NCSG: What did you learn from the webinar with Astronaut Johnson?
Shrushti Gandas: We learned further about challenges astronauts face in space and better perspective on what it’s like to be in space.
Nayva Alva: We learned about bone density and muscle mass and how being in space affects these and other things in an astronaut’s body.
Vatsal Bhakar: Many astronauts suffer serious illnesses, like depression, from being gone from their families. They also may suffer from radiation poisoning and other space issues.
NCSG: Were you able to apply anything you learned from Johnson to your project? If so, what and how?
Arya Pathare: We got a better perspective on how an astronaut lives life in space.
Shrushti Gandas: We were able to use the information we got for a better perspective on astronauts’ problems.
NCSG: How did you come to ask NC Space Grant for assistance?
Shrushti Gandas: We found NC Space Grant online and we asked you for assistance because we wanted to learn more closely and ask questions about space.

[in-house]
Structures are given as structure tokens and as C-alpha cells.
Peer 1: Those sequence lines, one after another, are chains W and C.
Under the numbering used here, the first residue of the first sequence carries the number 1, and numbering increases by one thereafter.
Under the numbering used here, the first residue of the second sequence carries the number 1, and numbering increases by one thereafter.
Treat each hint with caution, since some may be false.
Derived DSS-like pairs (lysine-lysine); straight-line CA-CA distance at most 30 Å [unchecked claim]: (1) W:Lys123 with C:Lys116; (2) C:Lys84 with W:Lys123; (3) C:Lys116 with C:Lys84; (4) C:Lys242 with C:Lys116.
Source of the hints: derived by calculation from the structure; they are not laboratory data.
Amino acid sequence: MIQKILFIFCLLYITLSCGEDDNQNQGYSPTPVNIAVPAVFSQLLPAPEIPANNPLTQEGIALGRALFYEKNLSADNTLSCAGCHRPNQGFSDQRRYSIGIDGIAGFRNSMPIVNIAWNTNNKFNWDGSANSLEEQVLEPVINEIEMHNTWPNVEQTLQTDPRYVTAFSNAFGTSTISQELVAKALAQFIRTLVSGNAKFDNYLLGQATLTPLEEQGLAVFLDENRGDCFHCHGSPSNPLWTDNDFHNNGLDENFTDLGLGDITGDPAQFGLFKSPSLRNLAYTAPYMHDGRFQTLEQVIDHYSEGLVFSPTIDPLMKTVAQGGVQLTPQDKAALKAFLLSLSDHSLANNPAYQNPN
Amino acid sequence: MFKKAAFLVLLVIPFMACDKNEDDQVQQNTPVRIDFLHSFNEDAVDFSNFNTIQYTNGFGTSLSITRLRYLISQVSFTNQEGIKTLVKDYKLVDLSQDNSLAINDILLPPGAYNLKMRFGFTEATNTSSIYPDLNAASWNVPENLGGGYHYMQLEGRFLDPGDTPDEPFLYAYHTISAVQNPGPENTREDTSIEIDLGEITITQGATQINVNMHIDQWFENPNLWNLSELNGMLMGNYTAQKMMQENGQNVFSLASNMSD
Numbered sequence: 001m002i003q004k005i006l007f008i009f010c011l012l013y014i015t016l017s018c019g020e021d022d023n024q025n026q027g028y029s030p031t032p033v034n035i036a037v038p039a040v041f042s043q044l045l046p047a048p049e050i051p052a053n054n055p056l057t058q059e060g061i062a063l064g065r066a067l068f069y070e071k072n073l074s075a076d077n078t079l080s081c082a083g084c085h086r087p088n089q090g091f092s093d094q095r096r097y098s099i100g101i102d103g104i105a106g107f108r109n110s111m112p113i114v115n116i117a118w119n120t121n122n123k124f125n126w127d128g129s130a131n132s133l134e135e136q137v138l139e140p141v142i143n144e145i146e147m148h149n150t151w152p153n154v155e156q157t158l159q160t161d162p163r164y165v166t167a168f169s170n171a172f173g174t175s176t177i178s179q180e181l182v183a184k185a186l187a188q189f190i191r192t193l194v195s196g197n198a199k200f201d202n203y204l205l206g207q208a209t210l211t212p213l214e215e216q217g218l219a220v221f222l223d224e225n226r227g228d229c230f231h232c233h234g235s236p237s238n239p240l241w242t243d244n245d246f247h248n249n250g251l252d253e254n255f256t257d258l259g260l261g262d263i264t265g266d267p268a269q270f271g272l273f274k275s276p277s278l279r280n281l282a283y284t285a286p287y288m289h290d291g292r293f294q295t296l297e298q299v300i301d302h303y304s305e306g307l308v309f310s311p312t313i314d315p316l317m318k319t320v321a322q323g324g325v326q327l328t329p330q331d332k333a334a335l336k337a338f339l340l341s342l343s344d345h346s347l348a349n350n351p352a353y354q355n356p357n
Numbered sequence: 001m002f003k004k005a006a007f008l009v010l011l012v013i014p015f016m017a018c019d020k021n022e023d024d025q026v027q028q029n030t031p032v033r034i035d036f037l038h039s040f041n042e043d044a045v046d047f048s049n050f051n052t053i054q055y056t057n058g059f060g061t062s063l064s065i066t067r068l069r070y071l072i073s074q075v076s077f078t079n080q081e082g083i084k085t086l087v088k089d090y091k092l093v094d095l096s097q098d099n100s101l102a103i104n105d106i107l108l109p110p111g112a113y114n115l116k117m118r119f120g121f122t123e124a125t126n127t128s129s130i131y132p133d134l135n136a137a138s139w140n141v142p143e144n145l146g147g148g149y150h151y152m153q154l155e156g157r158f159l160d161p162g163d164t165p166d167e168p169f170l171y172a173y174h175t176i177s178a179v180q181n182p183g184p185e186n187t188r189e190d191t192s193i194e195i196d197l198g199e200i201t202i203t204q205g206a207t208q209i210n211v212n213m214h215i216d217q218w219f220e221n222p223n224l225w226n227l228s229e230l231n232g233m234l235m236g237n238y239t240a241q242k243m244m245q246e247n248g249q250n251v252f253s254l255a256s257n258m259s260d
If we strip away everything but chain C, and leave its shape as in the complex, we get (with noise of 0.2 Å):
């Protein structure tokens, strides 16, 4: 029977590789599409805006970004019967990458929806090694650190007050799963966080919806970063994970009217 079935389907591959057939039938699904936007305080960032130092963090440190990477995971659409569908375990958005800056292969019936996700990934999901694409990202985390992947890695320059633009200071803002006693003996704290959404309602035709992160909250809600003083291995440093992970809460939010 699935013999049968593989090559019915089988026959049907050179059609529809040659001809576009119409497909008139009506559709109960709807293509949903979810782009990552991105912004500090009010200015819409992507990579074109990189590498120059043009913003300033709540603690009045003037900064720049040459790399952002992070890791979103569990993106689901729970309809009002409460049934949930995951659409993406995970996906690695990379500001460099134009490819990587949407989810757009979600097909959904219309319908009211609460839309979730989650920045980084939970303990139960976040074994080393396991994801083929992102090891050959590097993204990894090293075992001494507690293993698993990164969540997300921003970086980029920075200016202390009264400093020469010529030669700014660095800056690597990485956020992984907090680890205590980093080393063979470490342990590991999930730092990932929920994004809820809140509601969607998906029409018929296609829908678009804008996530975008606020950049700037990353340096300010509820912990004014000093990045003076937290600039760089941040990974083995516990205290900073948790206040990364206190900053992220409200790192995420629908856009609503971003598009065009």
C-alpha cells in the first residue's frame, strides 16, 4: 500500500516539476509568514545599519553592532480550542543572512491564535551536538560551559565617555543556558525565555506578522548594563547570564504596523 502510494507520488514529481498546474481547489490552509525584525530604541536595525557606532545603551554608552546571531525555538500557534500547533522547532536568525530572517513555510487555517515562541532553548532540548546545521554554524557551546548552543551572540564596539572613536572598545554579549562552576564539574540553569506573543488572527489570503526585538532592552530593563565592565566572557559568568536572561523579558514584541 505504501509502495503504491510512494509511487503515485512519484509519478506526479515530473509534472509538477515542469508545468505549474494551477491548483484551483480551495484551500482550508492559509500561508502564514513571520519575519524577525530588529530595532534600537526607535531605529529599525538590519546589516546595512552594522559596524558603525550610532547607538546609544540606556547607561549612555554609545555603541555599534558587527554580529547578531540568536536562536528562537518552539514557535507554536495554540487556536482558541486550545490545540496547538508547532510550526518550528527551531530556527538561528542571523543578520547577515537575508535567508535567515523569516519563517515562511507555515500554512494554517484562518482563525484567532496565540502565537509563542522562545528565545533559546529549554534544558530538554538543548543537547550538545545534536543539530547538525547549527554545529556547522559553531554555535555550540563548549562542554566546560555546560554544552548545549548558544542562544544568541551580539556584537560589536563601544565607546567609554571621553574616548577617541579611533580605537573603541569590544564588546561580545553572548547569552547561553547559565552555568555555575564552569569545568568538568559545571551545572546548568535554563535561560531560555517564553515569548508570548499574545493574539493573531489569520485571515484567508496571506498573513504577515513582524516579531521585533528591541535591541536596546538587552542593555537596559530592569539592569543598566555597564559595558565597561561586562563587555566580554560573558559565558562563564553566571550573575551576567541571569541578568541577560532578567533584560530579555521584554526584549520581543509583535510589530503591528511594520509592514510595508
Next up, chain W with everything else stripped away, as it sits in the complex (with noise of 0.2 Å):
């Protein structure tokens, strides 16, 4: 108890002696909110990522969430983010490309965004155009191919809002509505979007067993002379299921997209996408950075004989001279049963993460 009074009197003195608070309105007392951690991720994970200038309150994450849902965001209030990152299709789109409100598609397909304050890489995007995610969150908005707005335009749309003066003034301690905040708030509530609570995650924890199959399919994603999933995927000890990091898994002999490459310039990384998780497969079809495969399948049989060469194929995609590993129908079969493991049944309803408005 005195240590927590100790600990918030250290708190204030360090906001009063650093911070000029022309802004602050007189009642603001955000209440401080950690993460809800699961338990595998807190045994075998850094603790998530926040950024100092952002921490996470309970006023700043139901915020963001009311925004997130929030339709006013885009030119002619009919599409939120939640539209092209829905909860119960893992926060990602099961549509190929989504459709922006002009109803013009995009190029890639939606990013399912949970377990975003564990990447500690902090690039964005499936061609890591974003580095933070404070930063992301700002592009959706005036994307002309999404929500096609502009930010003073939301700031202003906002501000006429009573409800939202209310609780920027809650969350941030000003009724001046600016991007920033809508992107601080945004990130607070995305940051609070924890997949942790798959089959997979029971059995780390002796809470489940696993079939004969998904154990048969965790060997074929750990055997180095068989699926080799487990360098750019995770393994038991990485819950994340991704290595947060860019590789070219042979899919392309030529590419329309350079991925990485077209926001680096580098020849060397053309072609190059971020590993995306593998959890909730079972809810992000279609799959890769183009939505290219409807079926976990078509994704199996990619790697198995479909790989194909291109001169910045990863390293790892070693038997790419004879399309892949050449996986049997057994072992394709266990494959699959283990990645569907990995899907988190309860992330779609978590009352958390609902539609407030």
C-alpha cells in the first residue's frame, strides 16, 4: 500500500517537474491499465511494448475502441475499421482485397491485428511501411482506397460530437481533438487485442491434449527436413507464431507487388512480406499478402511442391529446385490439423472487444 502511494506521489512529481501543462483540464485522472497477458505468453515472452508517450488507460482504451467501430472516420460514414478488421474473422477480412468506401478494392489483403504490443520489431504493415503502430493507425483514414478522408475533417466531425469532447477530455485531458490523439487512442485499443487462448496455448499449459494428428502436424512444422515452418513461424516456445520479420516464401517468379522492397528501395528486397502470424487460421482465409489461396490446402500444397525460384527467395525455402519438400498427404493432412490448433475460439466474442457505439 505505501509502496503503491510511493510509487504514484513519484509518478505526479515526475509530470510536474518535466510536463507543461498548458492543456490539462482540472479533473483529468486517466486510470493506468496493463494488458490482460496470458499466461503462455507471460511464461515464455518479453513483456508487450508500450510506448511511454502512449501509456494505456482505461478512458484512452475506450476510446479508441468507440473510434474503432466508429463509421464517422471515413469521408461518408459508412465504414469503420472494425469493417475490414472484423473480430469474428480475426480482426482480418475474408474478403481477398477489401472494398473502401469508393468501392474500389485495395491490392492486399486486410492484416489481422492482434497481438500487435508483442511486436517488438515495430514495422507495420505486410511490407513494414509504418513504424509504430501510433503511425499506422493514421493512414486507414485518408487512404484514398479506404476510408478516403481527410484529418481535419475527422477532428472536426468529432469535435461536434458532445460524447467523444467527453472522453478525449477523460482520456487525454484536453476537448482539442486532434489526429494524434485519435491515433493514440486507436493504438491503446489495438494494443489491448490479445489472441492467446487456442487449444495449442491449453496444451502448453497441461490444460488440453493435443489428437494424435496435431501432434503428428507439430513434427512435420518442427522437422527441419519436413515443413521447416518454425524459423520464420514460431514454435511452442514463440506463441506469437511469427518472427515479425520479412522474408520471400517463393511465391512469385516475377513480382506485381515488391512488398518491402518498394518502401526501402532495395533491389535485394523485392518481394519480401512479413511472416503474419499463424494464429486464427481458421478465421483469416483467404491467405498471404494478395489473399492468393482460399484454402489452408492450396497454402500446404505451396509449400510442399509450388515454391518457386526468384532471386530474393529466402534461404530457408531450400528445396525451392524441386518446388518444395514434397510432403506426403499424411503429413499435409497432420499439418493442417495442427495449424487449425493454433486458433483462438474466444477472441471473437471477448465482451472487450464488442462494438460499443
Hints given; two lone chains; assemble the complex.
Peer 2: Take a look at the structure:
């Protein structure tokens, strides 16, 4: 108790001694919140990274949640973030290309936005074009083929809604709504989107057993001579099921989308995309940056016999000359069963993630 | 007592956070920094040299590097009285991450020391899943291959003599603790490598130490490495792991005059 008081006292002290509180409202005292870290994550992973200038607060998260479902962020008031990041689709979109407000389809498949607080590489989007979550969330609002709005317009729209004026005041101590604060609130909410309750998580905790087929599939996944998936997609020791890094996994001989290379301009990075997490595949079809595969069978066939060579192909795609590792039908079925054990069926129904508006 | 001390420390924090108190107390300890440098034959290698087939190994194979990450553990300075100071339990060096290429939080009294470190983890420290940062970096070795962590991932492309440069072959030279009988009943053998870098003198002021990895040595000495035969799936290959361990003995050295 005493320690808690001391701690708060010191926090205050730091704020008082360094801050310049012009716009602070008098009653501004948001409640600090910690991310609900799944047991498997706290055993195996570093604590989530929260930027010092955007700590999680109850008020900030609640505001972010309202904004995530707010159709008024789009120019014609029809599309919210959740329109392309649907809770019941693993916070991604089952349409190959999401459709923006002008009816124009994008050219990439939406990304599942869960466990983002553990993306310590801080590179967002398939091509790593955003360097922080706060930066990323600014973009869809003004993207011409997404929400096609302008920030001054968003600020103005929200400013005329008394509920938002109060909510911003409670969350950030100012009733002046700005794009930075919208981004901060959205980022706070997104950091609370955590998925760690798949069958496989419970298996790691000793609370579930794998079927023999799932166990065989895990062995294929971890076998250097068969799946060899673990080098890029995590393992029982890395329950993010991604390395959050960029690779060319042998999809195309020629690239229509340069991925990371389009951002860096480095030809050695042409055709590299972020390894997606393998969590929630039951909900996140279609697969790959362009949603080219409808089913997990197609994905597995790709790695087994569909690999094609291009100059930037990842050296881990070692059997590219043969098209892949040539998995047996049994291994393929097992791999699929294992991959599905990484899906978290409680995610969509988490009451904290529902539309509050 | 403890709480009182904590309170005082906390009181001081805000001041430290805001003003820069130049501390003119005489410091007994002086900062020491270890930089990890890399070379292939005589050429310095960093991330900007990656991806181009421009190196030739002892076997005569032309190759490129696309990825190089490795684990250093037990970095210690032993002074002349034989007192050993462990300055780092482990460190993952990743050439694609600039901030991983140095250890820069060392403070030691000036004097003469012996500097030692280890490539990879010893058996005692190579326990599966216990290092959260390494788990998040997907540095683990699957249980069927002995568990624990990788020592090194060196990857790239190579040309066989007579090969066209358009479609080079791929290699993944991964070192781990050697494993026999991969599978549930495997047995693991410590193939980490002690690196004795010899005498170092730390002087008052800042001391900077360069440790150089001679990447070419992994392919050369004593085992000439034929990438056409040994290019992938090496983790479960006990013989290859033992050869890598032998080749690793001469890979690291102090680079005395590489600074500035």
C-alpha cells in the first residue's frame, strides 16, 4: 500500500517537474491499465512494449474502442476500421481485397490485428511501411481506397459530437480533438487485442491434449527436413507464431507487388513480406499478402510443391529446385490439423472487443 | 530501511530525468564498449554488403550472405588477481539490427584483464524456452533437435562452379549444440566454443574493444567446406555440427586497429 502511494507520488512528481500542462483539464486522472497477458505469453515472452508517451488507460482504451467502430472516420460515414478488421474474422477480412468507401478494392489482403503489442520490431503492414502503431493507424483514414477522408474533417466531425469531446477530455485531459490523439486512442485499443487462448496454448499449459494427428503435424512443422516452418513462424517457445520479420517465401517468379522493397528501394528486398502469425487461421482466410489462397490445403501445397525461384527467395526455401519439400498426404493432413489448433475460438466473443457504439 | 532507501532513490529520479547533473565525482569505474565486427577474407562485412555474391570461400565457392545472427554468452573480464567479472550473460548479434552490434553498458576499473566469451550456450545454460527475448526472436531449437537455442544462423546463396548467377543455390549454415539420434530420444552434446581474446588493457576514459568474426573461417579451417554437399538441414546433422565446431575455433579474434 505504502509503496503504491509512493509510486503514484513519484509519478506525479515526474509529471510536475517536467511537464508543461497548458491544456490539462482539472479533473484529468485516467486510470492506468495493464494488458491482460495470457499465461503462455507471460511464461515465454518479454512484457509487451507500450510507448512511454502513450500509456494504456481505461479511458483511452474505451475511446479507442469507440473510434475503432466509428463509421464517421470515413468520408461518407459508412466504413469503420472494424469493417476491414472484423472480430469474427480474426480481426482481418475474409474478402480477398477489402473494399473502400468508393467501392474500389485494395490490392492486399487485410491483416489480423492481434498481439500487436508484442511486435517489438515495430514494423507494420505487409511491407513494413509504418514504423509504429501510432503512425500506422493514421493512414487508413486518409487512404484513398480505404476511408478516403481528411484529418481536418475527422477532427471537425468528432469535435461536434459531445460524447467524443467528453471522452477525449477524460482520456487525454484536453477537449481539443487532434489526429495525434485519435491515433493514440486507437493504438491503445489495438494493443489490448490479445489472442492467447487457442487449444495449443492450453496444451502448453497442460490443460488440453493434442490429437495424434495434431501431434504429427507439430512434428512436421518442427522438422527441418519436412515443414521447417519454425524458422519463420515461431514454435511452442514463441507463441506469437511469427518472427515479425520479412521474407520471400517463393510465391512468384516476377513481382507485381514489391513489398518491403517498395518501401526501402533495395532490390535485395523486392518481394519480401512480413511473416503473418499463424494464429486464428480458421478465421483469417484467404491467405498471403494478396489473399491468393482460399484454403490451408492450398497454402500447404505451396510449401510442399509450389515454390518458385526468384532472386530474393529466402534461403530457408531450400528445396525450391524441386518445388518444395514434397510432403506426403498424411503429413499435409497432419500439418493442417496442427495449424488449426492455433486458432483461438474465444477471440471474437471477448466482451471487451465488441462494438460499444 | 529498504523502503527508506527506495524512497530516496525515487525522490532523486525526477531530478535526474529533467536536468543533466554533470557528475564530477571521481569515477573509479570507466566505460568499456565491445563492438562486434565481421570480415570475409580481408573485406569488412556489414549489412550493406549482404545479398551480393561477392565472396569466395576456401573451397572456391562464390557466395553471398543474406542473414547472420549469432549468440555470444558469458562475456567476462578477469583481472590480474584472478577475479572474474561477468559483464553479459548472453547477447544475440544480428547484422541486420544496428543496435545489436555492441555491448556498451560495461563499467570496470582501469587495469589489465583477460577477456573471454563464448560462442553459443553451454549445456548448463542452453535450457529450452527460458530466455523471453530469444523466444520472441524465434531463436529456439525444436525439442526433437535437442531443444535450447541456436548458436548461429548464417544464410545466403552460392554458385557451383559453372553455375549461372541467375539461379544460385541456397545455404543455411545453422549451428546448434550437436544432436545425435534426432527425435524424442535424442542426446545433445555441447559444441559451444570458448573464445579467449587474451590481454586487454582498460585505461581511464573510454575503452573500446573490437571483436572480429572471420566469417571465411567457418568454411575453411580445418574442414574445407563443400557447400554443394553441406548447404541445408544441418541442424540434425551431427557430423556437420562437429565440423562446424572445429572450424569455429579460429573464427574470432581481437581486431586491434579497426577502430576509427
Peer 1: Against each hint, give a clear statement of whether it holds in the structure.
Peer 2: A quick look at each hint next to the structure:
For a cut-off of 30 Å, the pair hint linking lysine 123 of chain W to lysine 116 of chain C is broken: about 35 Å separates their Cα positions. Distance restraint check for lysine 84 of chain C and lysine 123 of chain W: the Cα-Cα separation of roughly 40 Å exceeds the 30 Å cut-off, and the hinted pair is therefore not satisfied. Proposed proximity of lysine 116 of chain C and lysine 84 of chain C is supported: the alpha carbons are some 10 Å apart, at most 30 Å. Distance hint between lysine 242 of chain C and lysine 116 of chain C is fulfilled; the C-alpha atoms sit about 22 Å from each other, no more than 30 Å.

Arya Pathare: We just needed to talk with some people who knew a lot about space, so we found you.
NCSG: How did you prepare for the competition?
Vedanga Pathare: We spent a lot of time running our programs back to back, as if we were in the actual competition. For our project, we rehearsed many times, as if we were presenting in front of the judges.
NCSG: What was the most memorable part of the competition?
Vatsal Bhakar: The most memorable part of the competition was when they calculated our points wrong and we had to ask them over and over to recalculate our points.
Vedanga Pathare: The most memorable part of the competition was during the final robot run when the mat was not placed correctly and messed up one mission. We asked the head judge and they fixed the mat and gave us an extra chance to run only the mission which was affected. When we ran the mission it worked with perfection and we ended up winning overall.
Shrushti Gandas: When we won!
NCSG: What comes next for the team?
Nayva Alva: The next thing for the team is the North Carolina State Championships for FIRST LEGO League.
Vatsal Bhakar: Right now we are preparing for State [Championships] very vigorously. With good luck and great preparation, maybe even Nationals.
NCSG: Do all the team members plan to go to college and, if so, do you have any ideas about what you would like to study, like engineering, science, business, etc.?
Vedanga Pathare: All our team members plan to go to college. A couple would like to study engineering and the others want to study mathematics.
Shrushti Gandas: I plan to study computer science.